Divorce
  1. Home
  2.  → 
  3. Family Law
  4.  → Divorce

Navigating The Road To Divorce

The decision to divorce can be overwhelming. You are faced with changes in every area of your life, worried about your family, uncertain about Georgia laws and where to get family law advice. An experienced attorney can steer you through this chaotic, stressful time to ensure the best possible outcome for the dissolution of your marriage. Our southern Georgia divorce attorney at Dodd & Burnham knows all aspects of domestic relations laws. We can answer any questions you have on matrimonial and family law, including:

  • Grounds for divorce
  • How to file for divorce
  • How property is divided in divorce
  • Merits of divorce mediation

Divorce involves not just the end of a marriage, but also domestic relations issues such as custody, child support, alimony, separation agreements and division of property. The Valdosta divorce attorneys at Dodd & Burnham bring almost 50 years of combined experience to your case, providing compassionate, vigorous representation in all family law matters.

Defenses in Fault-based Divorce: Recrimination

Recrimination is a traditional equitable defense to fault-based divorce actions and is based on the principle that a person seeking justice must come to court with clean hands. It seeks to avoid divorce on the ground that the petitioner has engaged in conduct that would entitle the respondent spouse to a divorce. For example, if a wife files for divorce on the ground of her husband’s cruelty and if she herself is guilty of committing cruelty against her husband, then the recrimination defense would act to prevent dissolution on the ground of the husband’s cruelty. Some states consider or did consider recrimination to be a comparative defense, rather than an absolute defense, in fault-based divorce proceedings. Before the introduction of no-fault grounds of divorce, recrimination worked as a counterclaim defense. If the fault counter-alleged by the respondent is more severe than that the petitioner claims, then the court may grant divorce relief to the respondent. It is conceivable that such a scenario could shift the formulation for child custody and support, alimony, fees and costs, and perhaps even property division in a case. Most states have abolished or limited recrimination as a defense in fault-based divorce. One reason for the restriction is that the recrimination concept invites acrimony and exaggeration of the parties’ differences, which might make the marital relationship even less viable. Some states do not consider recrimination as a bar to granting divorce, but rather as one factor to be considered in a case. Of course, there is no role for recrimination in pure no-fault divorce states.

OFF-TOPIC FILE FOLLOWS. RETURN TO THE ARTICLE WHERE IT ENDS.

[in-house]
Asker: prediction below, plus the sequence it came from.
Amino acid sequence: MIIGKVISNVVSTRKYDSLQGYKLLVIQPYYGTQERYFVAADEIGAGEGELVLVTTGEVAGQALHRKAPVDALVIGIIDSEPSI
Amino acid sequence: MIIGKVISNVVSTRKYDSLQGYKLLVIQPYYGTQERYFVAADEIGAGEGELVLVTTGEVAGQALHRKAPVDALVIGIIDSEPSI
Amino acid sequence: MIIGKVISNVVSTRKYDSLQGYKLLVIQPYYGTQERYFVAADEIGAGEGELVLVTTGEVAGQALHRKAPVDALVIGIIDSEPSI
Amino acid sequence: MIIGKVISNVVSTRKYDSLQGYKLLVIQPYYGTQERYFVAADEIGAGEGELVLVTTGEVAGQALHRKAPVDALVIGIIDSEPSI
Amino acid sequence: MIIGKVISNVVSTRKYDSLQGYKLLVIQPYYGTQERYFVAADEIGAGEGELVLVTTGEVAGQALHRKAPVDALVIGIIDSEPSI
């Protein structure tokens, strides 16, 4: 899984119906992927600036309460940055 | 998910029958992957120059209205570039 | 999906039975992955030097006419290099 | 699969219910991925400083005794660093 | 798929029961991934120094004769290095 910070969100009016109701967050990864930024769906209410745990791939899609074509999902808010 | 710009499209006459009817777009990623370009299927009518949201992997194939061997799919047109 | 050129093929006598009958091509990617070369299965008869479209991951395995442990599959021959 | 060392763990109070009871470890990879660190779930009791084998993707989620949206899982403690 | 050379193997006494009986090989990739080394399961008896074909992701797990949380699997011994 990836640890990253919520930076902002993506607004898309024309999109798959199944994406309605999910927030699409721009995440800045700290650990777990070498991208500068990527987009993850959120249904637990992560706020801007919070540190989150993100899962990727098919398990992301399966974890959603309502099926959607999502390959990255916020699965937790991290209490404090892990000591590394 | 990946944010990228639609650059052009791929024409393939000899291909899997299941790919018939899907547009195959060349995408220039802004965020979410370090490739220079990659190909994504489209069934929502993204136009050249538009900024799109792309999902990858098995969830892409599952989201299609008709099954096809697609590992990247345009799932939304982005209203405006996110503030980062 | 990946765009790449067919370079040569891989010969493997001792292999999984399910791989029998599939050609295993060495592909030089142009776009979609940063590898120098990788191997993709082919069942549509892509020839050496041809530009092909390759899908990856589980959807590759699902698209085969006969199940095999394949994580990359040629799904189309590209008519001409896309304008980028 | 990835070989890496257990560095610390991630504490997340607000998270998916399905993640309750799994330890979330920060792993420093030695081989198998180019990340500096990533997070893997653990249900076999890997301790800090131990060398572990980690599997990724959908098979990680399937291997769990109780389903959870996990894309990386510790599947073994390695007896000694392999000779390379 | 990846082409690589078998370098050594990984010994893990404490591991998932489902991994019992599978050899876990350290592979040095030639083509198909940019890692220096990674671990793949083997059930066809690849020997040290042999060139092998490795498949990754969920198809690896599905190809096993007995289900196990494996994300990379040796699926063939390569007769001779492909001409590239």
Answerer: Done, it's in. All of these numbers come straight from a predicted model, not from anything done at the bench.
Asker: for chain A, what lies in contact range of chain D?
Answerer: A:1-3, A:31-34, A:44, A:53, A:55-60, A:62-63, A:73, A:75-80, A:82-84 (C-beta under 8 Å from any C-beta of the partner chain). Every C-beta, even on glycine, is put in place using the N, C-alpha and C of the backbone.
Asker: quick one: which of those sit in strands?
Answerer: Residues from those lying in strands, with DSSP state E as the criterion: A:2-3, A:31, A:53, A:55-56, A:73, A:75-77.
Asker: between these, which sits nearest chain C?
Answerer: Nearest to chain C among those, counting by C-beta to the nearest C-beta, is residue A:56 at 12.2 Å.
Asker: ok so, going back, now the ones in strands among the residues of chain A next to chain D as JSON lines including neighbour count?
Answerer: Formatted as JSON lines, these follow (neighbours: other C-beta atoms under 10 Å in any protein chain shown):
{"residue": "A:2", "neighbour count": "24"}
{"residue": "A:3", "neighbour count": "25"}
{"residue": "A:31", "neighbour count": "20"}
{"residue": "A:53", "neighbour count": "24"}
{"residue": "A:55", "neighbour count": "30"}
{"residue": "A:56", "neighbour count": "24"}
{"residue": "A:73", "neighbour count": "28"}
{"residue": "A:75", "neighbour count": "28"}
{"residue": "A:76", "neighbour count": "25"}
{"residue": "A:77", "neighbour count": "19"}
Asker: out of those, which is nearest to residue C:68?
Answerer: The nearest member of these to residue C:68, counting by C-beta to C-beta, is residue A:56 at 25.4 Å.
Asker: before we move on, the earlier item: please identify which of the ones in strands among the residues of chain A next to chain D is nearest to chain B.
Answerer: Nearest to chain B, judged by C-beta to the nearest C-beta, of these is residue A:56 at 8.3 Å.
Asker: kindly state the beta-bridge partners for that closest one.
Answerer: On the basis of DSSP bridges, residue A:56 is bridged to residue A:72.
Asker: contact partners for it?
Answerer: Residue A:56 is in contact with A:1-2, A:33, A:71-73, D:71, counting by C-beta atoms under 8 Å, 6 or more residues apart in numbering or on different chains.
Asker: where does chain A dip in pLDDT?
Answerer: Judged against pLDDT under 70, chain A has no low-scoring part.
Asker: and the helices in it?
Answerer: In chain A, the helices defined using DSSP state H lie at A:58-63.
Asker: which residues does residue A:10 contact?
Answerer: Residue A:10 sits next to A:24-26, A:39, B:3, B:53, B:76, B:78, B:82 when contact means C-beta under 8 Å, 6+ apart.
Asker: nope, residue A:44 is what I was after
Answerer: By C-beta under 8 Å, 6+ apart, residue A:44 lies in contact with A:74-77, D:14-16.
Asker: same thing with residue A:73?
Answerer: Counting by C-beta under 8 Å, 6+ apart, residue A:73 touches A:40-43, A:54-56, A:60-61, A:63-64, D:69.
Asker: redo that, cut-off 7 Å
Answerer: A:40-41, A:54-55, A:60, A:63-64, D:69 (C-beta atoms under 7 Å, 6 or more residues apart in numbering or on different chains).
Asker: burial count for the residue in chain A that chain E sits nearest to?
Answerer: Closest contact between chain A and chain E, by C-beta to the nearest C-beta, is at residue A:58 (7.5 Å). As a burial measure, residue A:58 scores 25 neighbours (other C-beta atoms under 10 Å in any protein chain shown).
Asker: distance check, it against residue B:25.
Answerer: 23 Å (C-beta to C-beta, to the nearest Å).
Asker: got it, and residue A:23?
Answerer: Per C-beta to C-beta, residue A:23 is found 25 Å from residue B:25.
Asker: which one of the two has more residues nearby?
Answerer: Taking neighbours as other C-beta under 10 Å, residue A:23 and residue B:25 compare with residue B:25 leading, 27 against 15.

Property Division in Divorce: Treatment of Workers’ Compensation Benefits

Persons suffering a work-related injury may be entitled to workers’ compensation. It can be paid in installments or as a lump sum covering the costs incurred by the victim of on-the-job accident. For purposes of division in divorce, some states classify workers’ compensation as earnings. Other states treat part of such awards as earnings and part as compensation for pain and suffering resulting from the underlying injury. Under the so-called “wage replacement analysis,” some states characterize workers’ compensation as disability pay. Once classified, workers’ compensation is divided according to the respective states’ divorce property distribution schemes. In common law equitable distribution states, the general presumption is that workers’ compensation is treated as marital property if acquired during the marriage. In pure community property jurisdictions, it is treated as community property if acquired during marriage and as separate property if it is acquired before marriage or after marriage dissolution. Some states deal with workers’ compensation specifically. For example, Missouri sets aside a specified amount of workers’ compensation as the injured spouse’s separate property. The goal is to compensate the injured spouse for the future loss of post-divorce earnings. In pure community property states, workers’ compensation benefits paid in a lump sum after divorce may be divided between community property and separate property. In that scenario, the portion that relates to wages lost during the marriage would go to the community estate. The rest would go to the injured spouse’s separate estate. The individual states’ varying and evolving treatment of workers’ compensation benefits in divorces creates a patchwork system across the country. That makes it important for persons contemplating divorce in which workers’ compensation benefits are involved to consult the law in the state where the divorce will occur.

Committed To Finding The Best Possible Solution

Roger Dodd and Michael Burnham have extensive divorce law experience, as well as, invaluable knowledge of the Georgia court system, domestic relations and divorce law. During a painful time in our clients’ lives, a qualified divorce attorney can be a crucial ally, providing informed advice on a host of family law issues, while ensuring your case runs smoothly in court. When the prospect of divorce renders your future uncertain, consult our divorce law firm for steady, skilled advice on securing the best outcome for yourself and your family. Our domestic relations lawyers can also represent you in prenuptial and postnuptial agreements as well as post-divorce modifications, should you need to re-examine your divorce agreement.

Act Now – Call Today

For a free initial consultation, call 229-474-3609 or use our contact us online for a prompt response from a Valdosta divorce attorney.